If you calculate the compressive and tensile strength of glass from the bond strengths between the atoms in the glass matrix, theoretically they should be about 100 times stronger than they actually are. The reason that the reality is so different from the theory is that glass and porcelain are brittle materials. In other words, their coefficient of elasticity is extremely low, and tiny surface defects can concentrate stresses at a single point, multiplying the strain in that area to the breaking point. The maximum strain a glass can withstand is 0.1%. (Stress is the force applied to an object, while strain is the actual mechanical movement, or deformation in the object produced by the stress.) The stress in the diagram to the right is applied at the red arrow. All of the micro cracks on the internal surface are preexisting due to tensile stresses during cooling. The stress on the crown in this image concentrates the strain at these pre-existing internal micro cracks causing one of them to fracture.
When a concave/convex porcelain object like a crown cools in the kiln, the outside cools more rapidly than the interior because porcelain is a good insulator. The outside surface contracts and hardens before the inside surface. Thus the inside surface is prevented from contracting as it cools by the harder outer parts of the structure. This places the interior surface under tensile stress. Tensile stresses are stretching forces. Glass has very high compressive strength, but very low tensile strength. Tiny stress cracks develop on the interior of the porcelain shell to relieve the strain. Thus early PJC’s tended to fail due to the micro cracking that occurred on the internal surface. The answer to this problem first appeared in the 1950’s with the invention of the Porcelain Fused to Metal crown (PFM). Since the internal surface of the porcelain is bonded to a metal coping in PFM restorations, the metal-porcelain bond prevents the stress cracks from developing. (The key to the metal/porcelain bond is the formation of metallic oxides on the surface of the metal. This is covered well in my Course on dental alloys.)
In the 1980’s it became possible to bond porcelain crowns directly to tooth structure, effectively turning the tooth itself into an unbreakable core. This brought about a huge improvement the strength of the porcelain without the opaque metal framework. In the 1990’s, more modern substructures made out of very strong opaque ceramics were invented. Although opaque, these ceramic substructures could be made to appear translucent and could be colored the same as natural dentin. They are a major esthetic improvement over metallic frameworks. They will be discussed in detail on the last page in this series.
The most serious drawback with Feldspathic porcelain when used without a core is its inherent lack of strength and toughness. In order to further strengthen crowns made from esthetic feldspathic porcelain so that it can stand up to the stresses encountered in the mouth, it is necessary to reinforce it by layering it over an unbreakable core. There are three ways in which this can be done:
Metal cores–Porcelain fused to metal (PFM)
The technique of bonding feldspathic porcelain to a metal framework was invented in the late1950’s by Dr Abraham Weinstein. The metal alloy could be precisely cast to fit the tooth via the lost wax technique. This effectively solved the dilemma of poor marginal fit, which had always been a problem with traditionally built porcelain jacket crowns Since the metal alloys could form naturally integrated oxide coatings on their surfaces, the feldspathic porcelains formulated to veneer these frameworks could bond intimately with their surfaces. This solved the problem of internal micro cracking which had plagued porcelain jacket crowns as they had been fabricated up until that time. The subject of metal alloy frameworks and the dilemma of forcing porcelain to adhere to them is discussed at length on my pages on Dental Alloys. PFM crowns and bridges are still the most popular and durable tooth colored restorations in the world. Their major drawback is the opacity and color of the metal substructure, a deficit that drove the search for more esthetic forms of porcelain restorations.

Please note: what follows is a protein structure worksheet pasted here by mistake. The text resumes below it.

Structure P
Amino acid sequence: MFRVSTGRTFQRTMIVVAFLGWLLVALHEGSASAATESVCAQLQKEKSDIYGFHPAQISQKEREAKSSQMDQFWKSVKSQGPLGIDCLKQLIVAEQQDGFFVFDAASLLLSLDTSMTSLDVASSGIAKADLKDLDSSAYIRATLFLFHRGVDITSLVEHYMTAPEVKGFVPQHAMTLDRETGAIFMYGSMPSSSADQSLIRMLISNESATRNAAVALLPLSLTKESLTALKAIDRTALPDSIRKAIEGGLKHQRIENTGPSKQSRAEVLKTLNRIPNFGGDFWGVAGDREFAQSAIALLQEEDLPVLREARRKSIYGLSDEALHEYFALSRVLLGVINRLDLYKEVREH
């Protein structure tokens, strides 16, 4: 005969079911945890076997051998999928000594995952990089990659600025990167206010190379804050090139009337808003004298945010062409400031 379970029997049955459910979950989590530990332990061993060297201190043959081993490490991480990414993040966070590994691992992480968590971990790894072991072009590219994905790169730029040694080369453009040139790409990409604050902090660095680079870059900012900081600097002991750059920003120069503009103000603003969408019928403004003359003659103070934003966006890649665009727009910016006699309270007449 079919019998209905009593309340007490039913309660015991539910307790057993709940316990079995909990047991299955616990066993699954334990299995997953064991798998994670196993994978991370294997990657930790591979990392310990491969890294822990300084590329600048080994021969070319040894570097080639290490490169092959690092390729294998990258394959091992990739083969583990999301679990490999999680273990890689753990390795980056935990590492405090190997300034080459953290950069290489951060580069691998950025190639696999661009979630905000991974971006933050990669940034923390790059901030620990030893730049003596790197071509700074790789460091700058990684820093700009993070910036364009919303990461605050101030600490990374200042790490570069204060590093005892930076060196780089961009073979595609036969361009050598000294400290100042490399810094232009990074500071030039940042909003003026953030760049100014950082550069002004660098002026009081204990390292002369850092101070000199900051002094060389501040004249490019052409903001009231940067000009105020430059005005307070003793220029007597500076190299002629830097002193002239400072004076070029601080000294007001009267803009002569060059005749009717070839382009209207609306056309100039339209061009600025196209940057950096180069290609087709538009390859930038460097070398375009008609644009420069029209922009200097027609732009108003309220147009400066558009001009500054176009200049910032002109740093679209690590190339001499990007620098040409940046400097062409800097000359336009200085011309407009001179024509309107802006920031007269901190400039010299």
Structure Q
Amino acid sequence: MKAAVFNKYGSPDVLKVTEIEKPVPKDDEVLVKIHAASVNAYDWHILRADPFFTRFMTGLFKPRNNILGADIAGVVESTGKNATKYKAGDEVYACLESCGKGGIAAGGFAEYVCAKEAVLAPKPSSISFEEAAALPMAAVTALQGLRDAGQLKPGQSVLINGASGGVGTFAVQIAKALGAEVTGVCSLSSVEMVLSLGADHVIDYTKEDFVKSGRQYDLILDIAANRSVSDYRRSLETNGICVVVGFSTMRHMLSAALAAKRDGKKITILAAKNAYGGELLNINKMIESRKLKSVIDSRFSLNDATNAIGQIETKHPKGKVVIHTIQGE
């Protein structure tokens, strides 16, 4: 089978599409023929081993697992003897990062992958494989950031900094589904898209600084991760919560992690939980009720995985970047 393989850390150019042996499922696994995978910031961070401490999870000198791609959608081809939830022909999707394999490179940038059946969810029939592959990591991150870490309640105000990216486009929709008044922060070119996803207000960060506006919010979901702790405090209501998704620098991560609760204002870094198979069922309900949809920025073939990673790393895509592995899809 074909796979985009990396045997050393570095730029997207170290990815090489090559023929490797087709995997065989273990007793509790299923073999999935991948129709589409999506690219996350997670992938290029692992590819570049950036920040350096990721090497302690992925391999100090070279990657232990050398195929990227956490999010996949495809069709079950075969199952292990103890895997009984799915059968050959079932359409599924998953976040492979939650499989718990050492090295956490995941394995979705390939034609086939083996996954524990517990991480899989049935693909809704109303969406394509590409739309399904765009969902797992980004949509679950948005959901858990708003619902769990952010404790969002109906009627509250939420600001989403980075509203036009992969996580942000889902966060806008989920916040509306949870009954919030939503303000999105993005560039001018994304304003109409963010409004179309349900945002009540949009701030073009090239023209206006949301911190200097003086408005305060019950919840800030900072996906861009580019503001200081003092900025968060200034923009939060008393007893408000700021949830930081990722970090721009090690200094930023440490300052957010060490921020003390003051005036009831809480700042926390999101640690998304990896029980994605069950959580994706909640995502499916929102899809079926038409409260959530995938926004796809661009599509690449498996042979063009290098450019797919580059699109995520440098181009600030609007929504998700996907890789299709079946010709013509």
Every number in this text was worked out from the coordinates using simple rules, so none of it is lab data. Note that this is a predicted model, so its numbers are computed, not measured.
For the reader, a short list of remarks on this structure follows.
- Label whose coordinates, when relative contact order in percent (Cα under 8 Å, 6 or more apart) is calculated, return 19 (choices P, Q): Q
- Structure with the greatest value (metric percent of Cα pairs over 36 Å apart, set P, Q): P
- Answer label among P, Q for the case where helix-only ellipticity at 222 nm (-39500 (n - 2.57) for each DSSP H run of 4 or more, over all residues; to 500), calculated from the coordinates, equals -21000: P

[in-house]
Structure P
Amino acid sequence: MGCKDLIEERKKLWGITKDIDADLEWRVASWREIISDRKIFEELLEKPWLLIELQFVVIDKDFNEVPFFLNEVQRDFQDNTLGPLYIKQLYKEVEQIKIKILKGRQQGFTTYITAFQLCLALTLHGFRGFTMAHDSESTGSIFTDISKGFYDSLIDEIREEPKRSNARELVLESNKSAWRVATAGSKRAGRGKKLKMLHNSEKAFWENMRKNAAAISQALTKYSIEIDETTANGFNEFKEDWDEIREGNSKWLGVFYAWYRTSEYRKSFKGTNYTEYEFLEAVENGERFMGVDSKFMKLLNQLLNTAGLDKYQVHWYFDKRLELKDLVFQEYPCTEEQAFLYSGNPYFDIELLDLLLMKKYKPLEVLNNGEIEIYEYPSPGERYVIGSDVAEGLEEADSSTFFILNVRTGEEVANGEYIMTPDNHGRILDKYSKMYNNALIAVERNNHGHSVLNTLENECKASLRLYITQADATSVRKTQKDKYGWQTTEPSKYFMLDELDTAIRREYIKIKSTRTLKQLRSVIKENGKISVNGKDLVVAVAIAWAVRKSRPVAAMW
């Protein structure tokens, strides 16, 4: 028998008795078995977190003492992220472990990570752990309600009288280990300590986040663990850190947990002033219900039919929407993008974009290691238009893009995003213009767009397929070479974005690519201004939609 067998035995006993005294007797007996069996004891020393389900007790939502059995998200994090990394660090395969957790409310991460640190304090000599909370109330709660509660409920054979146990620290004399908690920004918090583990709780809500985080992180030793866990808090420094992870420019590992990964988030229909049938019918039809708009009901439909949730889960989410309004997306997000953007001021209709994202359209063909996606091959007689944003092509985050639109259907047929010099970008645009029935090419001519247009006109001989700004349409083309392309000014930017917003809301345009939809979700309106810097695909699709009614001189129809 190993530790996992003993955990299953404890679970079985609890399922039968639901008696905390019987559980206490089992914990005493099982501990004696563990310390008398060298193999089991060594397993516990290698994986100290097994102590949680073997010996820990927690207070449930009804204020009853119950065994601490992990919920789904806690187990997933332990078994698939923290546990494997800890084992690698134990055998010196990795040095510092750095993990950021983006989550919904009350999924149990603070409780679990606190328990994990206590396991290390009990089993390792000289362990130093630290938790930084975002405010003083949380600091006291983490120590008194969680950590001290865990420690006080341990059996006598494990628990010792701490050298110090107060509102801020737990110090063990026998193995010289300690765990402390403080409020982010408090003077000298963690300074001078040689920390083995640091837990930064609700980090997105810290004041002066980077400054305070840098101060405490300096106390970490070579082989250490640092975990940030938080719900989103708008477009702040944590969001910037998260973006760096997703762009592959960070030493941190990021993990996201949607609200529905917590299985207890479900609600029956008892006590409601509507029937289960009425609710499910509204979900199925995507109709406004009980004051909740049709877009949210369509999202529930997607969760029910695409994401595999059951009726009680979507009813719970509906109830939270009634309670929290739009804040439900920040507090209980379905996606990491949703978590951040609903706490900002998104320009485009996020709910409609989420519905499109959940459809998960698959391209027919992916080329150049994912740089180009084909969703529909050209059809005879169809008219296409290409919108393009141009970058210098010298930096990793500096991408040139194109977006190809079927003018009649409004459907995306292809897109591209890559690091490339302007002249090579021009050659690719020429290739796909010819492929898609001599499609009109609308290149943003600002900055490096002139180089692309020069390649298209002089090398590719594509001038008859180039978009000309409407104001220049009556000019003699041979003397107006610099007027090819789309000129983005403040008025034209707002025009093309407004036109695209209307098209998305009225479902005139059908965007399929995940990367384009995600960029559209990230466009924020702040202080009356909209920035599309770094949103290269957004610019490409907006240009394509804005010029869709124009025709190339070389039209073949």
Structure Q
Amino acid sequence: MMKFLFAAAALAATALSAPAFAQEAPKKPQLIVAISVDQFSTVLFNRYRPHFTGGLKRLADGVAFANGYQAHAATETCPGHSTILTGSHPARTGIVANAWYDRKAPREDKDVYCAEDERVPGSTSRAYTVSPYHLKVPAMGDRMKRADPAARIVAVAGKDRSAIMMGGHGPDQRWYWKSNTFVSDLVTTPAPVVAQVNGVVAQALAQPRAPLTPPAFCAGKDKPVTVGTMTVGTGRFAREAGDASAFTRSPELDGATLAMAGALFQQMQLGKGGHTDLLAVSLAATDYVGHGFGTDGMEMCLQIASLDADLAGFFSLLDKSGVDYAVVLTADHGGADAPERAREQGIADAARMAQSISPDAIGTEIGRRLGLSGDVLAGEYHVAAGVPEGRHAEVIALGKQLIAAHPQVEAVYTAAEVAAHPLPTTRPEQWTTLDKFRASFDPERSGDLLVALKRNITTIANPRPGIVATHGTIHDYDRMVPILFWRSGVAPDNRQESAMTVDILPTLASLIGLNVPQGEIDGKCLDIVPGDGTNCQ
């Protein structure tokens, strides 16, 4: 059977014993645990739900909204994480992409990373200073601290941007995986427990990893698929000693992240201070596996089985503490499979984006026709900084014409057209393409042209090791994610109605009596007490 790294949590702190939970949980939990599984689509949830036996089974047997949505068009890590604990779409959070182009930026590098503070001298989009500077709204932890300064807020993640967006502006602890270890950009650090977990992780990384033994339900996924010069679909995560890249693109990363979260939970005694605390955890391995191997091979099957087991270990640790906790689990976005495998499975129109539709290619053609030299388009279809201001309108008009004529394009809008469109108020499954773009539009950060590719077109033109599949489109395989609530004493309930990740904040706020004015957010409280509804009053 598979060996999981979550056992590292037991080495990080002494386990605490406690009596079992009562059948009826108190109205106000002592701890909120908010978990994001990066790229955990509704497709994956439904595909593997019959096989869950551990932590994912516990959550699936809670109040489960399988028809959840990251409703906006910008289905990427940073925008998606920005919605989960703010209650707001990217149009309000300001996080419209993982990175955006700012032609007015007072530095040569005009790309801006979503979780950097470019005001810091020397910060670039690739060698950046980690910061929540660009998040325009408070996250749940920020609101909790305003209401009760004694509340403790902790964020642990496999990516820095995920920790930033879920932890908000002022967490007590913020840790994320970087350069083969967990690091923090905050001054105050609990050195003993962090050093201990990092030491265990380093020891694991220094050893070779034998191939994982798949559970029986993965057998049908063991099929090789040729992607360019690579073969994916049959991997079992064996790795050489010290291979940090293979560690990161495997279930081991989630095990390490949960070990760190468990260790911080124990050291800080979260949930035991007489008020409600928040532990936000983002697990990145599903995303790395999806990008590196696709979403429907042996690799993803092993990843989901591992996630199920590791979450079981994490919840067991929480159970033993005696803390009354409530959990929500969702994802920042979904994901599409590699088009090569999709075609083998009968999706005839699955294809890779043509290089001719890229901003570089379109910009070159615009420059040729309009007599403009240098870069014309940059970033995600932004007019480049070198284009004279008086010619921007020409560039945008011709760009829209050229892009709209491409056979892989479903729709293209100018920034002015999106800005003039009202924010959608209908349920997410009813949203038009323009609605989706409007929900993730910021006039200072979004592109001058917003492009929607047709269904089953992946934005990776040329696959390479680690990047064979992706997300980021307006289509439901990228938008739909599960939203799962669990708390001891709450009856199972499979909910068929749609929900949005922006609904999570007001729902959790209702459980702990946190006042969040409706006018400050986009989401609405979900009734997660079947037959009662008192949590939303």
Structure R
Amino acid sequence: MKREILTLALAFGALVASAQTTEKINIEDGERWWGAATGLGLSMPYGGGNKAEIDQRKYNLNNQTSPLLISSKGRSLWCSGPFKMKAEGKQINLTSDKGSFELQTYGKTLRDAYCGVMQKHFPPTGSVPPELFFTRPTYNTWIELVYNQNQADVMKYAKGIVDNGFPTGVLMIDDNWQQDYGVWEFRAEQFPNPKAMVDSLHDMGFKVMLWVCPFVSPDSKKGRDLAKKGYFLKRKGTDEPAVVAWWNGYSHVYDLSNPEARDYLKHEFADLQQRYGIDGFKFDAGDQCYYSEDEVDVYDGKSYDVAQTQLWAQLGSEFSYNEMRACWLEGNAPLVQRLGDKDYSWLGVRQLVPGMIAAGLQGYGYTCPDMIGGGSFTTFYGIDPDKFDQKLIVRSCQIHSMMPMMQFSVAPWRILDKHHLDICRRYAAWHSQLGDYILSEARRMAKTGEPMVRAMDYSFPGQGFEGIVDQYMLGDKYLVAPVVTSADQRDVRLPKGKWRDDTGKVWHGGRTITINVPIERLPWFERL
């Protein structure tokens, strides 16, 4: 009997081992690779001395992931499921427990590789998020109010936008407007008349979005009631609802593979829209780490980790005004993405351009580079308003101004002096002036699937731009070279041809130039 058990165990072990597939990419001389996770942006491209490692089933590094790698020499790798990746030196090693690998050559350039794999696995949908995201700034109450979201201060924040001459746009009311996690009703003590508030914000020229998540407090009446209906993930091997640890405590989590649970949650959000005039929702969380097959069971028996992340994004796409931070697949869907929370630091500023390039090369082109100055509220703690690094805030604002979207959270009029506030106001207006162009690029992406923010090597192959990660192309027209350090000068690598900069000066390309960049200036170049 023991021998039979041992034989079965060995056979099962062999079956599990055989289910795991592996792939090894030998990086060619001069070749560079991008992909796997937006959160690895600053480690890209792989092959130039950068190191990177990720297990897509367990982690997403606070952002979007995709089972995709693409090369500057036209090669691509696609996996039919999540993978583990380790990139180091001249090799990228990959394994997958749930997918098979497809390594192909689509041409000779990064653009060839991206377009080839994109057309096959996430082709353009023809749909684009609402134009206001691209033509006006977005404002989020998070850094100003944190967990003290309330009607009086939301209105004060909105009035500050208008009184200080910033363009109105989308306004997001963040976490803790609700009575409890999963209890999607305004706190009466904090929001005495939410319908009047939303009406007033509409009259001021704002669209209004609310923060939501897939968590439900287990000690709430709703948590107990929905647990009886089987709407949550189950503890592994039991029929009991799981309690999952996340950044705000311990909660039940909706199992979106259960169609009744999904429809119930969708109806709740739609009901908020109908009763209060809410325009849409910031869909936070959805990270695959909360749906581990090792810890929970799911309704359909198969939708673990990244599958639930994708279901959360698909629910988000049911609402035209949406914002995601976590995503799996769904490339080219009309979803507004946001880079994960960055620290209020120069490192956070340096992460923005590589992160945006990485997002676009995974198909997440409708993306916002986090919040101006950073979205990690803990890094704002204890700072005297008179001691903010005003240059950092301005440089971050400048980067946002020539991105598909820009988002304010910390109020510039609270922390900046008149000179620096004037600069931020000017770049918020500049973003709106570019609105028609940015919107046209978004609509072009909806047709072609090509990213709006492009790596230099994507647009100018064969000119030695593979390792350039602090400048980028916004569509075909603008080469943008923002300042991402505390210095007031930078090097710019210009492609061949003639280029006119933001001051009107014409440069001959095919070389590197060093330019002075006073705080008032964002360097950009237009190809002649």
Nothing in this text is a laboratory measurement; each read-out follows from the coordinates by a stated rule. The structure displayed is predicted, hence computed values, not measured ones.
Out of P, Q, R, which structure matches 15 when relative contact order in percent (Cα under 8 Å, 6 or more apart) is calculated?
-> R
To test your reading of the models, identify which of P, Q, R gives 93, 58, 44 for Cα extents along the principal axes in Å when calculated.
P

Reinforced ceramic cores
The idea of replacing the metal substructure of a PFM restoration with an opaque white porcelain substructure came about in the 1960’s with the invention of the aluminous core. At the time these were invented, they were simply a stronger version of the older feldspathic porcelain jacket crowns. They were cemented to the tooth using zinc phosphate cement, but the cement could form no bond to the porcelain crown. Aluminous cores were an improvement, but they were still weak due to the lack of an underlying supporting structure which could suppress the natural tendency of concave vitreous bodies to form micro cracks on their internal surfaces . It wasn’t until the 1990’s and the 2000’s that truly strong aluminous and zirconia core materials were developed which could approach the strength of a metal framework. These core materials are opaque, but they can be fabricated to be very thin and therefore somewhat translucent. They can also be pigmented with the same colors as the overlying feldspathic veneer. These materials will be discussed on the fifth and last page of this series.
Resin bonded ceramics
It was not until the 1970’s that the concept of “bonding” became accepted by the dental profession. At that time, it became possible to etch tooth enamel and bond resin based restoratives to it. The idea of actually bonding a porcelain jacket crown directly to tooth structure did not become practical until the 1980’s when it became possible to bond both porcelain and dentin with an intervening resin cement. This breakthrough made it possible to strengthen the already existing aluminous core crown by using the tooth structure itself as the unbreakable “framework” to strengthen otherwise weak feldspathic porcelain structures. Even though bonding strengthened the resulting restoration tremendously, and also improved the esthetics, aluminous core crowns were still not strong enough to bond to posterior teeth, or to fabricate fixed bridges. In the 1990’s, new forms of ceramic crowns that could also be bonded directly to tooth structure and which were stronger and better looking than aluminous core crowns were invented. These new glass ceramics are the subject of the next page in this series.